# Finding the limit of this function

1. Jan 26, 2012

### turbokaz

1. The problem statement, all variables and given/known data

limit as x→3 f(x)= 7/ln(x-2) - 7/(x-3)

2. Relevant equations

3. The attempt at a solution
Cross multiplied to get it into one quotient: 7x-21-7ln(x-2)/ln(x-2)(x-3). Plugged 3 in to get Indeterminate form 0/0. Took derivative of top and bottom then plugged 3 in again and got -6/0. NOT RIGHT. The correct answer is 7/2. I am stuck as to how they got that.

2. Jan 26, 2012

### Dick

You should have gotten 0 for the derivative of the numerator as well. Indicating you would want to take l'Hopital again. Can you show why you didn't?

3. Jan 26, 2012

### turbokaz

okay, I see that I should have gotten 0/0 a second time. But I do L'hopital's again and get (7/(x-2)^2)/ln(x-2)+(x-3/x-2) which after plugging in 3 gives me 7/0.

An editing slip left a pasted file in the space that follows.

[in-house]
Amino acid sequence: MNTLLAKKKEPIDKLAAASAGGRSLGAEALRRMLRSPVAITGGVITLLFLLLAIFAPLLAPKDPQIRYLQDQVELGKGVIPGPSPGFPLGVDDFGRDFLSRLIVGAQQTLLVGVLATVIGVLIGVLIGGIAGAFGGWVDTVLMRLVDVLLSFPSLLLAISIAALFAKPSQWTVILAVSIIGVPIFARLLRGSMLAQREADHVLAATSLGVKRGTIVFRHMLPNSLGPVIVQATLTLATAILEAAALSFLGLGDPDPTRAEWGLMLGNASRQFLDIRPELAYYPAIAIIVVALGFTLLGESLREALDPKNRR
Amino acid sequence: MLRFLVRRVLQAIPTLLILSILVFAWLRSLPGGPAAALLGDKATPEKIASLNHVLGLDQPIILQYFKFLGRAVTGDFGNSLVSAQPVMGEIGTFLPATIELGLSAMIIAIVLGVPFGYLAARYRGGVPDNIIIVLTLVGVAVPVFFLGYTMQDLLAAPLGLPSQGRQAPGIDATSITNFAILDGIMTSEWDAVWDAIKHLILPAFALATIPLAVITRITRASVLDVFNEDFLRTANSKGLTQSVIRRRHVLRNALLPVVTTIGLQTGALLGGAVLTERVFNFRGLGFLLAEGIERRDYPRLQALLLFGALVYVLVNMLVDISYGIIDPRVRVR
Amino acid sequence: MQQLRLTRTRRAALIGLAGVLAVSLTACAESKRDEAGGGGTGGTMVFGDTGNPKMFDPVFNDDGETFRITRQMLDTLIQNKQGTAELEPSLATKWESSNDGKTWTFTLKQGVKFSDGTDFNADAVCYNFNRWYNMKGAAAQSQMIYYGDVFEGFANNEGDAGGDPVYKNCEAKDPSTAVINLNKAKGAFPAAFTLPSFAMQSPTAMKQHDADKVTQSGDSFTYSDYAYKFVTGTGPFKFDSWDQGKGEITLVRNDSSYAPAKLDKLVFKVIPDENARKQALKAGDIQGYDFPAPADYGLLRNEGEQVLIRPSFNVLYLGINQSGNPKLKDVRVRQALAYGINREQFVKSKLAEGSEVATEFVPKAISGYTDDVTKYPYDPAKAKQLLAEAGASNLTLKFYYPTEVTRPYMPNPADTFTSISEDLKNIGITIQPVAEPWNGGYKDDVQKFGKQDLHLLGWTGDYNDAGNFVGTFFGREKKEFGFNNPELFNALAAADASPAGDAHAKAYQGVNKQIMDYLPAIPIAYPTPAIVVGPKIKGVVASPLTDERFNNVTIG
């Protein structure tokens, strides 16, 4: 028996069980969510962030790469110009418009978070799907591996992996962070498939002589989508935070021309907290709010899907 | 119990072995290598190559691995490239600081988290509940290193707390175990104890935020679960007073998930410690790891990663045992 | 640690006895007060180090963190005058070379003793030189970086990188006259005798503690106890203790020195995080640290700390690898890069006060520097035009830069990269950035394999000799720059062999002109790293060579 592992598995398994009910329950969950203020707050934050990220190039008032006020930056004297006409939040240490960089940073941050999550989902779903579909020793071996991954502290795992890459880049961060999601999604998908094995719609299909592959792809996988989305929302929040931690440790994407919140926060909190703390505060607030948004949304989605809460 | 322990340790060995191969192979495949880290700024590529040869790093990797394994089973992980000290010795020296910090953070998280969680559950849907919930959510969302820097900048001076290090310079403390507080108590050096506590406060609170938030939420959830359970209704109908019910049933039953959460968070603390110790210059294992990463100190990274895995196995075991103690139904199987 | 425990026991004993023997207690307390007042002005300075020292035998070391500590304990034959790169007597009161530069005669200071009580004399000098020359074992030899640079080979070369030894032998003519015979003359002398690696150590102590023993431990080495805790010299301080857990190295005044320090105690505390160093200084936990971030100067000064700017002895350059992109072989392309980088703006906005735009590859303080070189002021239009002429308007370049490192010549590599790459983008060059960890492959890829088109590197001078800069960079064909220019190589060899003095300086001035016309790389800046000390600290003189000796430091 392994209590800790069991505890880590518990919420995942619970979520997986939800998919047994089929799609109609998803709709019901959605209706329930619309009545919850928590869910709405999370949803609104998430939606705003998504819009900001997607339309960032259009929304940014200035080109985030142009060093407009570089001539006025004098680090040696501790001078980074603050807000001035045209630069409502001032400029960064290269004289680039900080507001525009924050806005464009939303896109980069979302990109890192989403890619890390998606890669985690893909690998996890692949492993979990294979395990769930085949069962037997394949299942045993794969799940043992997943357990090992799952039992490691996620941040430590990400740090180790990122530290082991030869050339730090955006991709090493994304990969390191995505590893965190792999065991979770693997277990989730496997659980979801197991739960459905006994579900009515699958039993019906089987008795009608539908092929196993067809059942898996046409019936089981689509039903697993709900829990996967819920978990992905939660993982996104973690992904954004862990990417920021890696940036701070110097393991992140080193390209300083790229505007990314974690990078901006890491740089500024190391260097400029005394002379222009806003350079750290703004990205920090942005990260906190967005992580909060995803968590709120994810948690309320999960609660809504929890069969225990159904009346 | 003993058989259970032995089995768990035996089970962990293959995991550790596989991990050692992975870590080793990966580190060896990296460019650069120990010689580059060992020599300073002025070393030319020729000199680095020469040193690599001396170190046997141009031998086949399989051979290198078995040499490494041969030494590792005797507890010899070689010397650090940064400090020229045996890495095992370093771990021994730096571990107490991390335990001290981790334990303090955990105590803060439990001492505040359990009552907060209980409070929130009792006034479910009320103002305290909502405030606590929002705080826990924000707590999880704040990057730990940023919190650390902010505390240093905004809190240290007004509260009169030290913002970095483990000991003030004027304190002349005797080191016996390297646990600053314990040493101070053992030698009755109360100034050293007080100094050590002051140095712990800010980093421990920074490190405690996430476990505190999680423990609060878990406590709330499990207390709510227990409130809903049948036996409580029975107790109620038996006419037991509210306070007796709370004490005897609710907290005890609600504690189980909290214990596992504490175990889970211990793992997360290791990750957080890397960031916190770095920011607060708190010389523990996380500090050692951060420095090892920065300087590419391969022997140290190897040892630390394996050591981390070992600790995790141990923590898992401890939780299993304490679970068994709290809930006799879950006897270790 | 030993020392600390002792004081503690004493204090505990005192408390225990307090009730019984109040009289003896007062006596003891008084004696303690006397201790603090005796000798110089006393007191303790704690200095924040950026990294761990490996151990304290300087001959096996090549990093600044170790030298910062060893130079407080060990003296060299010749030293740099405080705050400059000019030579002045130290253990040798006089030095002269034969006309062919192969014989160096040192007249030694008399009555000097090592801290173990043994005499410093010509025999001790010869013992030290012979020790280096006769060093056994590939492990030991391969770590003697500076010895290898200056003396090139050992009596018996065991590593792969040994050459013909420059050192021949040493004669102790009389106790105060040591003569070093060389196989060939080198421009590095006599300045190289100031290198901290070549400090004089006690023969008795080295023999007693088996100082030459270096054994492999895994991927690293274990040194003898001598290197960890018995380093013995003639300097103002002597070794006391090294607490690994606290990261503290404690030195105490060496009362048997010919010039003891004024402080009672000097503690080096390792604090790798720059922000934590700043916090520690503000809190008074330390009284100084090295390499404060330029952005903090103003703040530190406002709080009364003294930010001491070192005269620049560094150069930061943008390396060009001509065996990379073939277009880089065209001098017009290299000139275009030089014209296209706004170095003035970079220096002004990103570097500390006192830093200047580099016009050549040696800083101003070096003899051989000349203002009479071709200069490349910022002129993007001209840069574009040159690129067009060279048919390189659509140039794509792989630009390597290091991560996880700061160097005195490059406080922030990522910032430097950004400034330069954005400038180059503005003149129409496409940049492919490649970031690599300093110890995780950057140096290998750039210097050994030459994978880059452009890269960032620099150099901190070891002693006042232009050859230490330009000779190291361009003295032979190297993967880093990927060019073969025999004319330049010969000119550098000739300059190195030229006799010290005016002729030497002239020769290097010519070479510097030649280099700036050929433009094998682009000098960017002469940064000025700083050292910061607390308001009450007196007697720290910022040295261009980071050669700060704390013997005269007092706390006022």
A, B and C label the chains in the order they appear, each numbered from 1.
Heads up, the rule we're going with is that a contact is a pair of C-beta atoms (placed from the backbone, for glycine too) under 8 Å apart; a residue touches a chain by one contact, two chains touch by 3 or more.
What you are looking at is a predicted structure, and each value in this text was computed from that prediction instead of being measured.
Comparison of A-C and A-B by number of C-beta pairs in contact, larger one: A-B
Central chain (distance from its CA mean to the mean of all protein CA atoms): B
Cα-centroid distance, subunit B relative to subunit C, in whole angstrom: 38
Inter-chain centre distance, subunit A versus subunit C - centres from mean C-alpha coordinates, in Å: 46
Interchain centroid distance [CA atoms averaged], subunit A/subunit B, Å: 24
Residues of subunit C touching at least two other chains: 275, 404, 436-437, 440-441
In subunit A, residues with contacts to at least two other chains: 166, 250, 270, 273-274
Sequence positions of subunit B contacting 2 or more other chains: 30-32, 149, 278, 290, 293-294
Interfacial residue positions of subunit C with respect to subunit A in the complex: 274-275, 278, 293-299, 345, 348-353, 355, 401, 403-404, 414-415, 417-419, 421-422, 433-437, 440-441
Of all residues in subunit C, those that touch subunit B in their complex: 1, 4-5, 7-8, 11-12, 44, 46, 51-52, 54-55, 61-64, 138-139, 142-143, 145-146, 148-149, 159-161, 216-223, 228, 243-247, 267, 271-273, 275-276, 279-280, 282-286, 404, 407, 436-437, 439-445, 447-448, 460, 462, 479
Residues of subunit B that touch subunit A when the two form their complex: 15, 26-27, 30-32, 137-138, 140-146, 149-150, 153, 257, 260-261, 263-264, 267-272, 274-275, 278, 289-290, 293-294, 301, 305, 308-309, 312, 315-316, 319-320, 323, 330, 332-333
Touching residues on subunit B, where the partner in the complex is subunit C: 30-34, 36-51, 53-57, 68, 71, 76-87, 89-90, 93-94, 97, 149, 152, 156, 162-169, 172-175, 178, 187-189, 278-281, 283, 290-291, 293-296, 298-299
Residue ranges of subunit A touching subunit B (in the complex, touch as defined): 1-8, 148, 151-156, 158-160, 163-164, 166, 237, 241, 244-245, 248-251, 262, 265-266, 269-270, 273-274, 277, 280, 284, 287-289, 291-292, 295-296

4. Jan 26, 2012

### Dick

Why do you still have an ln in the denominator after taking the next derivative? You aren't showing your work and you are being sloppy about what you aren't showing.

5. Jan 26, 2012

### turbokaz

From the original equation then. After cross multiplying, I plug in and get 0/0. After round one of L'hopitals, I get (7-(7/(x-2)))/ln(x-2)(x-3). Plug 3 in and get 0/0 again. Derivative of the top gives me (7/(x-2)^2) because 7 goes to 0 and by quotient rule of the second term. I used the product rule on the denominator of ln(x-2)*(x-3) and got ln(x-2)+(1/x-2)*(x-3).

6. Jan 26, 2012

### Dick

Ok, thanks for helping. So why didn't you take the derivative of the denominator in the first round of l'Hopital's? After the FIRST round I've got ln(x-2)+(x-3)/(x-2) in the denominator.

7. Jan 26, 2012

### turbokaz

I don't know why I was being so sloppy. You're right, after round 1 I should have that in the denominator, giving way to 0/0 again. Taking the derivative of top and bottom again leads to (7/(x-2)^2)/ 1/(x-2) + 1/(x-2)^2. Plugged in 3 and got the 7/2. I don't know why my work was so messy but whatever, guess I need to SLOW down. Thanks for your patience.

8. Jan 26, 2012

### Dick

You're welcome. You fixed your own problem. Good work!